These days, not a single set of annual or interim results passes without making reference to the liquidity squeeze ravaging the financial markets; and to its negative impact on efforts to mobilise capital for growth purposes.
A direct result of this liquidity squeeze is the increase in the cost of credit, known to be as high as 35% per annum in traditional or primary banking circles while other providers of finance such as microfinance institutions (MFIs) have been known to charge 180% on an annualised basis.
While such interest rates are so unbelievable as to appear surreal, they are a fact of our current financial DNA and it is important to understand how they arise in order to react properly (if not rationally) to them.
The liquidity challenges dogging the economy have made banks more risk averse, so they will not lend to you simply because you have a heartbeat like what was happening in some parts of the world prior to the sub-prime mortgage crisis.
In addition to reflecting the underlying scarcity of money, high interest rates are also as much an attempt to suitably price the default risk inherent in the economy as they are a deterrent effect for speculative borrowers.
The inability (as opposed to unwillingness) of the banking sector to fully play its intermediary role has resulted in banks ceding some space to alternative providers of credit such as MFIs.
By enforcing stringent borrowing requirements, banks are acknowledging that they can’t be all things to all men and are thus leaving some room for MFIs to come in and play the important role of satisfying the credit needs of those who are unable to meet the minimum credit criteria of mainstream banking.
The essence of micro lending is financial inclusion for the poor and marginalised.
However, while MFIs are ostensibly playing an important role in the current financial set up, the sustainability of their business models— in particular their pricing models— has to be brought into question.
Typically, MFIs charge interest of 15% per month. This means that for an amount of $1000 borrowed over a period of 3 months, which is the typical period for loans by MFIs, the amount payable as interest is $450 in absolute terms and 45% in percentage terms.
If we were to extrapolate and assume a loan period of 1 year, the effective interest rate would be a whopping 180%, before even factoring in other applicable flat fees. Is the cost of funding for these MFIs that high?
Now the question is: Who is borrowing at such rates and for what purpose are they applying the proceeds of such loans? In this environment, which business activity can generate enough returns to remain profitable after meeting such high finance costs and accounting for normal operating costs?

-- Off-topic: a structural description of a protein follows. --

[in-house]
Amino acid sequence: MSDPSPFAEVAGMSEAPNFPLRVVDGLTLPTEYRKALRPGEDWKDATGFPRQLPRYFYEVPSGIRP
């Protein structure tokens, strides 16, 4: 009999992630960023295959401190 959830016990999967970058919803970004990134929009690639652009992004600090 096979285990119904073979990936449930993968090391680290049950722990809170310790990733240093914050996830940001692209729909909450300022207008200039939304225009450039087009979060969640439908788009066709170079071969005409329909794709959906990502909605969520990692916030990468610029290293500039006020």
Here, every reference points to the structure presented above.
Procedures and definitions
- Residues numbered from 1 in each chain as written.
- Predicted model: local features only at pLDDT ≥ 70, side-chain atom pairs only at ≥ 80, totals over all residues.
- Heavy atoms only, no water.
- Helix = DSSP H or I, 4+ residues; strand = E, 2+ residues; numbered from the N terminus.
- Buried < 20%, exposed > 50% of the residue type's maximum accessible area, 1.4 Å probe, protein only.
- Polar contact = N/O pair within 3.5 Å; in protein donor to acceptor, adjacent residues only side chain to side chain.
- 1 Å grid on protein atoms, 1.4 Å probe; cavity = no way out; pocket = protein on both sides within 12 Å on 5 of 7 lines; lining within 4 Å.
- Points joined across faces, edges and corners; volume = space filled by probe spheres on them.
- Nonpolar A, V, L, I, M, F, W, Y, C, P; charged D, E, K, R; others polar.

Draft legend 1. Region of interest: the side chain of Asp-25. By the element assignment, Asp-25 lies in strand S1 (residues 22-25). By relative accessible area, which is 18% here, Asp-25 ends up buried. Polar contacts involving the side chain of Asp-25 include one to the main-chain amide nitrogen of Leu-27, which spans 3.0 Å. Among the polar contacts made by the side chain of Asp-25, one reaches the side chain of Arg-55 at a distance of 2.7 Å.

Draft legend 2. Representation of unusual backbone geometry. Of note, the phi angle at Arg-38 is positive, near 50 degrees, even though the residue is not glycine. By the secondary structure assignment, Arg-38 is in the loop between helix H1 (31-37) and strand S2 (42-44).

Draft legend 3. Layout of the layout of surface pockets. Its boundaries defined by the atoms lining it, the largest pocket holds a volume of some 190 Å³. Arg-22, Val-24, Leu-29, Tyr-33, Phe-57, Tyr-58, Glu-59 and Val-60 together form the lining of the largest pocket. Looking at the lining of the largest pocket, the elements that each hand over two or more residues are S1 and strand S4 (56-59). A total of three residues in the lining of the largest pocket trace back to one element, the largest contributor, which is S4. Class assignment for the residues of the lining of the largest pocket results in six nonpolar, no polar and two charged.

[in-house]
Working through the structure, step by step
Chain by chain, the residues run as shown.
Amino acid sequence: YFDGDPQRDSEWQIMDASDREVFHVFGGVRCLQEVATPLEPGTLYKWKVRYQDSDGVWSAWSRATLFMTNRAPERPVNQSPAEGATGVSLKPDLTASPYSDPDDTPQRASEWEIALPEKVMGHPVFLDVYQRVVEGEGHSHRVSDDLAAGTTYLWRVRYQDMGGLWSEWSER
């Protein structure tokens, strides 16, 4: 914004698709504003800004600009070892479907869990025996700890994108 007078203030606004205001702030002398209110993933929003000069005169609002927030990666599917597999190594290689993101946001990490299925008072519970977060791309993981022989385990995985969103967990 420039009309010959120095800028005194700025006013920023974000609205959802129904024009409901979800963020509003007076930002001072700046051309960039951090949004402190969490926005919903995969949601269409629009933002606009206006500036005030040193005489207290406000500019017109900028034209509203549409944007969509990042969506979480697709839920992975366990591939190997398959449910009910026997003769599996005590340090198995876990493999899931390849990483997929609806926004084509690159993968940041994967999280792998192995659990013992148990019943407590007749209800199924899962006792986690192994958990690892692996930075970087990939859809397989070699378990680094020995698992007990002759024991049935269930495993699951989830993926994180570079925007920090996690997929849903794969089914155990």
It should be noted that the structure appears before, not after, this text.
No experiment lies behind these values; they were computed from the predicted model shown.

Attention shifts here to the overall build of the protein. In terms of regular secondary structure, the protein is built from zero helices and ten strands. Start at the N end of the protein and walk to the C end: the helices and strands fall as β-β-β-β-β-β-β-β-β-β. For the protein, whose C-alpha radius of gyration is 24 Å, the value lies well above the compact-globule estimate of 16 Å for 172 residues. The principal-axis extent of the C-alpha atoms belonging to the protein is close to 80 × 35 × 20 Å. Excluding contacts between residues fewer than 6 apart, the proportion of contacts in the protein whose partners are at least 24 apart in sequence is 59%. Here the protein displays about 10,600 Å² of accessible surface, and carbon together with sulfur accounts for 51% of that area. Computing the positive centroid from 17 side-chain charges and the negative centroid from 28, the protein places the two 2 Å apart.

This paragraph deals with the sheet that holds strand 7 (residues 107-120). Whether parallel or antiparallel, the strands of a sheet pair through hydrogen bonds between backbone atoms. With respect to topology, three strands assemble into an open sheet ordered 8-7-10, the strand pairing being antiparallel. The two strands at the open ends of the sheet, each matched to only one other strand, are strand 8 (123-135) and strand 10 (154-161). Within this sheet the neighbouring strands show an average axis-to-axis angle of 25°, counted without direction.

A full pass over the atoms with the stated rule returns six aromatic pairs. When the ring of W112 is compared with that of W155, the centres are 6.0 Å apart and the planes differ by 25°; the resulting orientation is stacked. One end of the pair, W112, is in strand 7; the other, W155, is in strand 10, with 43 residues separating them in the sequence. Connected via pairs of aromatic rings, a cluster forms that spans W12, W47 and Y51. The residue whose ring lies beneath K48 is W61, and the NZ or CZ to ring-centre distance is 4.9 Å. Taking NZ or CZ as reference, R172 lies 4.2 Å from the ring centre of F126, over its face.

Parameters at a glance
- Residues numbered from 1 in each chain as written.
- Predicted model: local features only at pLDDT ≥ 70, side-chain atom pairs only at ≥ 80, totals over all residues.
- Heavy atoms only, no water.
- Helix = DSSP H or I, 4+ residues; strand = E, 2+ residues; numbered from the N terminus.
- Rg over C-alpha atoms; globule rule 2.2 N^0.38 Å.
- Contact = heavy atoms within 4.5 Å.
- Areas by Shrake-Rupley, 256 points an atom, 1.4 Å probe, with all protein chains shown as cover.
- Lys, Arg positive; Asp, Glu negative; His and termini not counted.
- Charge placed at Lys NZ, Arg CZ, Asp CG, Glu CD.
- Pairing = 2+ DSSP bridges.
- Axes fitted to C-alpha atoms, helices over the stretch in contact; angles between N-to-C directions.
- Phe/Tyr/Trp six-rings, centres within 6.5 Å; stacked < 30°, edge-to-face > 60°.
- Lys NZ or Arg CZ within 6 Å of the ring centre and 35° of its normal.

These questions seem to discourage if not entirely prevent corporates from becoming borrowers of MFIs; and appear to confirm that such loans are primarily financing the consumptive impulses of desperate individual borrowers.
However, with average salaries for civil servants (the most likely borrowers) in the region of $200, the capacity to repay such loans cannot be guaranteed, especially at such high interest rates.
Why then do MFIs continue to aggressively push these loans without becoming risk averse as banks have become? The answer is simple and it lies in the security packages MFIs require for such loans.
Typically, MFIs lend against movable assets such as motor vehicles, jewellery, electric generators, laptops and other electronic goods, and the value of the security is set at twice the amount borrowed.
If a borrower defaults on the loan, the lender simply realises the security by selling it on the open market.
It would be interesting to know at what value the security is disposed and whether any surplus after settling for the capital, interest and other costs is refunded to the borrower? In their big, bold and full-colour advertisements, MFIs promise same-day approval of tailor-made loan solutions for various financial setbacks — in short they promise convenience and financial freedom — but at 180% annualised interest rates and such stringent security requirements, are they delivering anything other than financial bondage?
The conclusion one must regrettably come to is that their business model does not encourage repeat customers and is therefore not sustainable. It doesn’t rely on proper, creditable demand for liquidity but it preys on those deep in the throes of financial despair and desperation.
Desperation is however not a permanent, sustainable state so one must wonder if, in the fullness of time when the liquidity situation improves, these MFIs will still have borrowers beating up a path to their doorstep? Or maybe they will not care because they will have already made their money?
Perhaps if they had any pretensions about balancing their commercial considerations with their customers’ interests, they would reduce their interest costs and benefit from dispensing more affordable loans to more borrowers.
Of course, there are no illusions that this will happen soon because the get-rich-quick spirit of our inflationary yesteryear is still prowling the financial landscape, waiting to possess whom it may.
Naturally, supply and demand dynamics dictate that the price of something that is scarce must rise accordingly until the point of equilibrium is achieved; and we know that pent up demand for liquidity may make borrowers less sensitive to pricing, but where must the line be drawn, lest our worst fears about Proverbs chapter 22 verse 7 are confirmed?
In the meantime, MFIs would do well to heed this week’s principle of sound banking practice from Hugh McCullcoh, the then newly appointed (December 1863) US Comptroller of the Currency and later the US Secretary of the Treasury: “Treat your customers liberally, bearing in mind the fact that a bank prospers as its customers prosper, but never permit them to dictate your policy.”
l Omen Muza is a financial services sector expert